Rules of thumb for strategic building designers:
Some can be borrowed directly from chess players: “Favour moves that increase options; shy from moves that end well but require cutting off choices; work from strong positions that have many adjoining strong positions.” More specific to buildings: overbuild Structure so that heavier floor loads or extra stories can be handled later; provide excess Services capacity; go for oversize (“loose fit”) rather than undersize. Separate high-and low-volatility areas and design them differently. Work with shapes and materials that can grow easily, both interior and exterior. “Use materials from near at hand,” advises Massachusetts builder John Abrams. “They’ll be easier to match or replace.”
The Sakuteiki is an old japanese text designing and maintaining gardens. Rather than defining clear rules, it advocates analysing (and emotionally understanding) the context of each project. As a starting point, it asks three questions:
Asking Why means to grasp the task from a functional perspective and to understand its creative potential.
How asks for the best method to achieve the intended result, based on the designer's education and skill.
Using what is the most important question: it asks for the material to be used, literally the elements the garden is constructed from.
In other words, Sanuteiki suggests that building a garden should be guided by its intended cultural and aesthetic function (why?) and the designer's creative approach (how?) – but its form is ultimately defined by and emerges from the material that guides the design process. Every rock and tree placed define the following steps as they have to be undertaken in context.
There is merit in approaching the design process of a website as a process of iterative placing and building. It alleviates the requirement for a design or an idea. Instead of perceiving the design process as a hard task that needs to be completed (often under pressure of time and budget), it could it resemble something procedural. Ideas may emerge more naturally, as a whole in accordance with the project's individual aspects. Following this approach makes treating ideas like diamonds – singular, precious things made under pressure and duress – seem ineffective and needlessly agressive.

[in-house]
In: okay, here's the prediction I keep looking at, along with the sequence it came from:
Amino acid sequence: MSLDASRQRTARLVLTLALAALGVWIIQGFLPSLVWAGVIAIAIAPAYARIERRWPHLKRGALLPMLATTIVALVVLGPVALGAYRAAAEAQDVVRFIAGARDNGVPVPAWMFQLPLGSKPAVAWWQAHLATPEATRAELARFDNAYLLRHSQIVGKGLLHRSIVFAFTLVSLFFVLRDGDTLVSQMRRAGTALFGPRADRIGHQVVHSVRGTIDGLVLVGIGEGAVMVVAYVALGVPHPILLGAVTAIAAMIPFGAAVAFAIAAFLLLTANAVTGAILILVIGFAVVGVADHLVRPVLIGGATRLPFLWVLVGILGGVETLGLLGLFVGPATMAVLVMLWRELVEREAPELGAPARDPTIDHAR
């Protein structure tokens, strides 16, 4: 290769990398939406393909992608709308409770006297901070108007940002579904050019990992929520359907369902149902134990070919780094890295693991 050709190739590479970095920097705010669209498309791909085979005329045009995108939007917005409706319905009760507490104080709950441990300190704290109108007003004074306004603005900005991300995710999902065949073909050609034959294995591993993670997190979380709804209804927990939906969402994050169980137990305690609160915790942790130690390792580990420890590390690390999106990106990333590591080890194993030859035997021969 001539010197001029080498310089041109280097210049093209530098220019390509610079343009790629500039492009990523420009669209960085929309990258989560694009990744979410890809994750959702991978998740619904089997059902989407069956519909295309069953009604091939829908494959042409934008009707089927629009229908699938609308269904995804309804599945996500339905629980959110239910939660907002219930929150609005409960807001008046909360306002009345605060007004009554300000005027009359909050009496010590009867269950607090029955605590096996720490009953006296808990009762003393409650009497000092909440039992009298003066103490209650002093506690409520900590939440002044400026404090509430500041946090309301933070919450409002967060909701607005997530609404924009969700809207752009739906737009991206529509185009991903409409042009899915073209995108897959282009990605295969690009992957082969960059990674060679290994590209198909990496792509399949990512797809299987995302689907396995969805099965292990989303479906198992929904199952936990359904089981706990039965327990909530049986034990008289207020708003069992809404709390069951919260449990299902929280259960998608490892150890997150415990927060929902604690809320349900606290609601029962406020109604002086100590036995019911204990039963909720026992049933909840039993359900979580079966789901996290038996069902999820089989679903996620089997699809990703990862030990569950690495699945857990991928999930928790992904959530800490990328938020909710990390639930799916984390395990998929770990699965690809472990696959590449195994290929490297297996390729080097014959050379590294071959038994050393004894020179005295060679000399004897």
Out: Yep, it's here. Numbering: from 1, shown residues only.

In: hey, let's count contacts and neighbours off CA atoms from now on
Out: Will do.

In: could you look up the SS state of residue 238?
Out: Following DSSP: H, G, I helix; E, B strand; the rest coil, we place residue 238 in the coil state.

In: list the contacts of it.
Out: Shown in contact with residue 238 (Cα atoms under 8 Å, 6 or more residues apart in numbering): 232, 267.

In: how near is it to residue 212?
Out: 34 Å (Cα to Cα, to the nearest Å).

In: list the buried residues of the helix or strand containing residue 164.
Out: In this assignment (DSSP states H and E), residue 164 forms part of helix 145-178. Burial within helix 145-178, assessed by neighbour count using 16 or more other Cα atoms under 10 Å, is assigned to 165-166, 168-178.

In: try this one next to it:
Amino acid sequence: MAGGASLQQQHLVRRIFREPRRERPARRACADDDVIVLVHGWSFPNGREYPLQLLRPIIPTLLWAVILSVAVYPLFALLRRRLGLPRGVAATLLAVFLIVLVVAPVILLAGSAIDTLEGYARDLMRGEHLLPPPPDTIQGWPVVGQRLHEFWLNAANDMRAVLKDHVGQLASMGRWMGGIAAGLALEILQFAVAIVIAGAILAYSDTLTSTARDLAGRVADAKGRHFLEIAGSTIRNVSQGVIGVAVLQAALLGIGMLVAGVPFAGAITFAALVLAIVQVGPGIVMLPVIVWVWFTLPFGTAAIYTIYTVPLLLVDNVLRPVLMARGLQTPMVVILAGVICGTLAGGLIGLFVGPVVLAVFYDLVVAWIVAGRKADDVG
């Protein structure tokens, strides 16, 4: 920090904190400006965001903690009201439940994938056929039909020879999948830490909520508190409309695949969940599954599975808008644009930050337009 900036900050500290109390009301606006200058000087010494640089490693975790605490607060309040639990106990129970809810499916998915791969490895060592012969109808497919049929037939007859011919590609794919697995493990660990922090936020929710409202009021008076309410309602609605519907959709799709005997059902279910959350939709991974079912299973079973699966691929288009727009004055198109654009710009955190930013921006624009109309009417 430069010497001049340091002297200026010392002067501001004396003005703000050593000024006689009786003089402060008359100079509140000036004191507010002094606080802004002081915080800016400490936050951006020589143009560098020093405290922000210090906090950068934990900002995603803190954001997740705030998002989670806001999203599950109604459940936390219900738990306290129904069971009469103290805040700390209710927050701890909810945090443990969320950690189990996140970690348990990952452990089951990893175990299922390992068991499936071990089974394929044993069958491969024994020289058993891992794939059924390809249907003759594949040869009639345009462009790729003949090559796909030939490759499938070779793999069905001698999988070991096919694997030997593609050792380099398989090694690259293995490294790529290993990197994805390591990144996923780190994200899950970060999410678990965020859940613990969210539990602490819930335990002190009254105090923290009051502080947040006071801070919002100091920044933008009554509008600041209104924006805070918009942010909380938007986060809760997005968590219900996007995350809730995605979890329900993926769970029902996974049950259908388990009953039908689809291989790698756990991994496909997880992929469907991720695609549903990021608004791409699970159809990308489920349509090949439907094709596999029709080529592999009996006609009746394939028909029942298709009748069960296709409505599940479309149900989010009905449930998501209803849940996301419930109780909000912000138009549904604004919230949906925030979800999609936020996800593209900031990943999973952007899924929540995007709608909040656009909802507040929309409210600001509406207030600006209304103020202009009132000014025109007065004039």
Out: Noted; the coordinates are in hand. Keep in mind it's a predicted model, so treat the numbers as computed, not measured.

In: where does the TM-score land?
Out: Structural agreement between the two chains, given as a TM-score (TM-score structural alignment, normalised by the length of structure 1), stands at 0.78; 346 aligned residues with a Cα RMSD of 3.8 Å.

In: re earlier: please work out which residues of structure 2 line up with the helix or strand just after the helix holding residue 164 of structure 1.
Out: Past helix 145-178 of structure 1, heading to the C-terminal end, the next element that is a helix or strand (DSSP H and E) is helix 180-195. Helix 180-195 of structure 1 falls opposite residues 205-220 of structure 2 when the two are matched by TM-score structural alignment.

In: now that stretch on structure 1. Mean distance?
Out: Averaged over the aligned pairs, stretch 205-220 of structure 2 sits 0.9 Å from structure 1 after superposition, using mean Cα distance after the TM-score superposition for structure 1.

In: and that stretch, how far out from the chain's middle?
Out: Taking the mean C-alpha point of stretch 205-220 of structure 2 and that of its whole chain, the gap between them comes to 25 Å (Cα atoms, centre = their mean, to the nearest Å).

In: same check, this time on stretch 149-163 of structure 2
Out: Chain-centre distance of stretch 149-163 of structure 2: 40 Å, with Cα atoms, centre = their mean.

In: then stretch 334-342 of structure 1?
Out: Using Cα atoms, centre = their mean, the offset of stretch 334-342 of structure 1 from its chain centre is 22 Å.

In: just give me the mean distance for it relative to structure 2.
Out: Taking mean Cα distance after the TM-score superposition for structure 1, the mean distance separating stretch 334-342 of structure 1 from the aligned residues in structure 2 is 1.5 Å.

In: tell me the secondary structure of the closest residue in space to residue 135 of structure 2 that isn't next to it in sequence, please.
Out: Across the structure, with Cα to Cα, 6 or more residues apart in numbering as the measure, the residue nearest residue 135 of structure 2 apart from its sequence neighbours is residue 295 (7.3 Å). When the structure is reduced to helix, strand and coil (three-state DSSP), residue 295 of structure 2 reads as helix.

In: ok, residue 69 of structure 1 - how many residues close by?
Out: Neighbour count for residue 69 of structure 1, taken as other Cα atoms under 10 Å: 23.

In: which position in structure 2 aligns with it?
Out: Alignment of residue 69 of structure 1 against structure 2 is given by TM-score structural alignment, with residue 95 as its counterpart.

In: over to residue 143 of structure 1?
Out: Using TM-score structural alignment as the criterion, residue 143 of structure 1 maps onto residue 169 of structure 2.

Peter Märkli's seminal quote about the nature of creation takes on another layer of meaning when applied to the digital space. The digital, of course, expands the reach of conceptual invention to the material layer:
While building a bridge requires precise engineering to assemble large amounts of steel into the sky, architects and engineers working in the digital realm are faced with inventing the very materials they may use to construct a new digital edifice – all atoms unfound, all code unwritten.
The privilege and bane of having to invent one's own materiality starkly confronts us with the constructivist nature of our reality: Websites are buildings made of pure thought, materialized into an equally human-made plane of reality by a string of decisions.